Dr Daniel G. Dresner

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Daniel is an evangelist for useful standards and good practice. He delivers considered and pragmatic advice on the implementation of information assurance, security and governance…particularly in the world of standards (ISO/IEC 27001 is a speciality). His research with the University of Manchester – where he’s a visiting academic in IT Governance and Computer/Network Security – has led to a method for detecting the human vulnerabilities in networks. He began his career as a technical author and has never really stopped…no matter how many pre- and post- nominals he’s toyed with.

His PhD is A study of standards and the mitigation of risk in information systems. Daniel is director of research at the E RADAR community for effective on-line business. Daniel’s current research programme includes projects balancing technical security controls with human factors, using information security maturity to model security economics, security metrics, IT strategy, and the ‘dark net’. Daniel’s ‘firsts’ include co-author and moderator of the Technology Strategy Board supported scheme IASME, chair of the North West England Branch of the Institute of Information Security Professionals, architect of DTI’s Towards Software Excellence programme, creating the core of the original SANS training for BS 7799, editing the UK’s first national security breaches survey at NCC, and writing the first international standards for source code escrow. He has contributed to books, conferences, and appears on the BBC to warn the wider community about the risks and opportunities of information systems.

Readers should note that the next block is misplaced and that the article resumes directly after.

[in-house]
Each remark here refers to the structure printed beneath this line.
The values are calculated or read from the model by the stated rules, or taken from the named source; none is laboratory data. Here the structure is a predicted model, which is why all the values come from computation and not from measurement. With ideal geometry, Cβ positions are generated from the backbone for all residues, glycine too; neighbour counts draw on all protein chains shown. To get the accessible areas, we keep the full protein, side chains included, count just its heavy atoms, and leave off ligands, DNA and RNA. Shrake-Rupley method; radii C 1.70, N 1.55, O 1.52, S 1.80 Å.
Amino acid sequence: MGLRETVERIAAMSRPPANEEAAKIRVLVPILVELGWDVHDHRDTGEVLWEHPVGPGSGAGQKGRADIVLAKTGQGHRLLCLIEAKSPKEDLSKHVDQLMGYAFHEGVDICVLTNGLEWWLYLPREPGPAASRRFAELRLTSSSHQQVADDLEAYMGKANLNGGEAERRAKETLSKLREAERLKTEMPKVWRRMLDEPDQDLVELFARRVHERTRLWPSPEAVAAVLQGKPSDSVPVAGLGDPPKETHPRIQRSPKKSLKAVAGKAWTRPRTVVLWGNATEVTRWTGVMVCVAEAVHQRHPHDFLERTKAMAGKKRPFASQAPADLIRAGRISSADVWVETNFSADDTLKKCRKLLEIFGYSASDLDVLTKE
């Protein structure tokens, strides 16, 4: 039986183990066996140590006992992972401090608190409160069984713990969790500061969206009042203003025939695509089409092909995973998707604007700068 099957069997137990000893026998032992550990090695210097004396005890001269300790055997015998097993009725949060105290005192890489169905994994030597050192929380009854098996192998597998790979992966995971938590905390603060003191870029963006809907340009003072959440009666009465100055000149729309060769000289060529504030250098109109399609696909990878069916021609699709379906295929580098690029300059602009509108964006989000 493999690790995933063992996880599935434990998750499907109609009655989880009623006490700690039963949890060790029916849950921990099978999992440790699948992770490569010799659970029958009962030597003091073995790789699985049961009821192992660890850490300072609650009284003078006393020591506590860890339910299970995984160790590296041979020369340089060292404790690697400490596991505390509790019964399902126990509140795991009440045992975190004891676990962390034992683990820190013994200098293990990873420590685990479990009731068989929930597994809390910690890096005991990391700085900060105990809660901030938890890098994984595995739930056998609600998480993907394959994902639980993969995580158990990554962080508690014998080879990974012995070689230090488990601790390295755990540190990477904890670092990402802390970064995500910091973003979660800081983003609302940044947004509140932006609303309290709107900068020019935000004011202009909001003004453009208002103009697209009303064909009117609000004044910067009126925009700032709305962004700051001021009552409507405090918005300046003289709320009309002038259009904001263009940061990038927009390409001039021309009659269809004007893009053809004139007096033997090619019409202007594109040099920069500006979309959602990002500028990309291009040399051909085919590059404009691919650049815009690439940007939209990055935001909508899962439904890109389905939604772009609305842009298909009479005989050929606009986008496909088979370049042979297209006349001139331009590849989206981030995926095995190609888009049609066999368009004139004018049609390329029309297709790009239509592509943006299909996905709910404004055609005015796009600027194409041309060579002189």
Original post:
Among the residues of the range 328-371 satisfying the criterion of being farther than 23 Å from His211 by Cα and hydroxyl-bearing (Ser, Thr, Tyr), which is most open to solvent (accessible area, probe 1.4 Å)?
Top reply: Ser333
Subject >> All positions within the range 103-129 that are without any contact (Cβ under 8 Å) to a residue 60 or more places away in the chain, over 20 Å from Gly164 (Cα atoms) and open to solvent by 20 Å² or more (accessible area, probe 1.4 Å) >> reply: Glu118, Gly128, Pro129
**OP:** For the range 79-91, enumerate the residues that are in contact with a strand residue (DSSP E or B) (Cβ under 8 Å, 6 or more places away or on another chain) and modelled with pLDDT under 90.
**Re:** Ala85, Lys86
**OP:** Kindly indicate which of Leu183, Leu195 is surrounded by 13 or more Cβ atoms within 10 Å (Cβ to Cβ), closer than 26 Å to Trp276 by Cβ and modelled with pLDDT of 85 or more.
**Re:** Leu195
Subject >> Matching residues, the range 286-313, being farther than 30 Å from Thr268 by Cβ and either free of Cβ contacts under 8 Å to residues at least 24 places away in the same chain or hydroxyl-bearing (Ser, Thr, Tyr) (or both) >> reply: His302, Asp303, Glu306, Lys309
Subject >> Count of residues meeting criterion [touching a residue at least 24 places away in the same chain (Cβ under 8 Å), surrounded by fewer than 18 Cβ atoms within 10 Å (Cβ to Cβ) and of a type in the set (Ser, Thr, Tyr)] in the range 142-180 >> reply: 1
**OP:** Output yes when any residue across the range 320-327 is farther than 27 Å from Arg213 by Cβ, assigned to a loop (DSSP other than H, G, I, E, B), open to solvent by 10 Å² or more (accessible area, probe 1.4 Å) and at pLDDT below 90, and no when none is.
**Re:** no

When not securing information, Daniel works for the security of his children and his parents’ honour. Personal interests range from Jewish tradition to science fiction. His knowledge of Doctor Who lore is tiring; he’s been graphic artist for the Blake’s 7 Appreciation Society which just goes to show…

Why I Joined The Analogies Project

“Consummate analogist and master of the transferred epithet, Douglas Adams showed that the nails of seriousness can be knocked in with the hammer of familiarity. The constant ‘what iffing’ of academics holds the attention of Radio 4 listeners until the kettle boils but never holds water with the bloke on the Clapham omnibus. The Analogies Project is one of those ‘I wish I’d thought of that ideas’, not least because it makes tangible contributions to increasing the understanding of the security challenge. It is not just another group therapy session for consultants…”

My Analogies

The Green Surf Code (TM) Desert Island Security Controls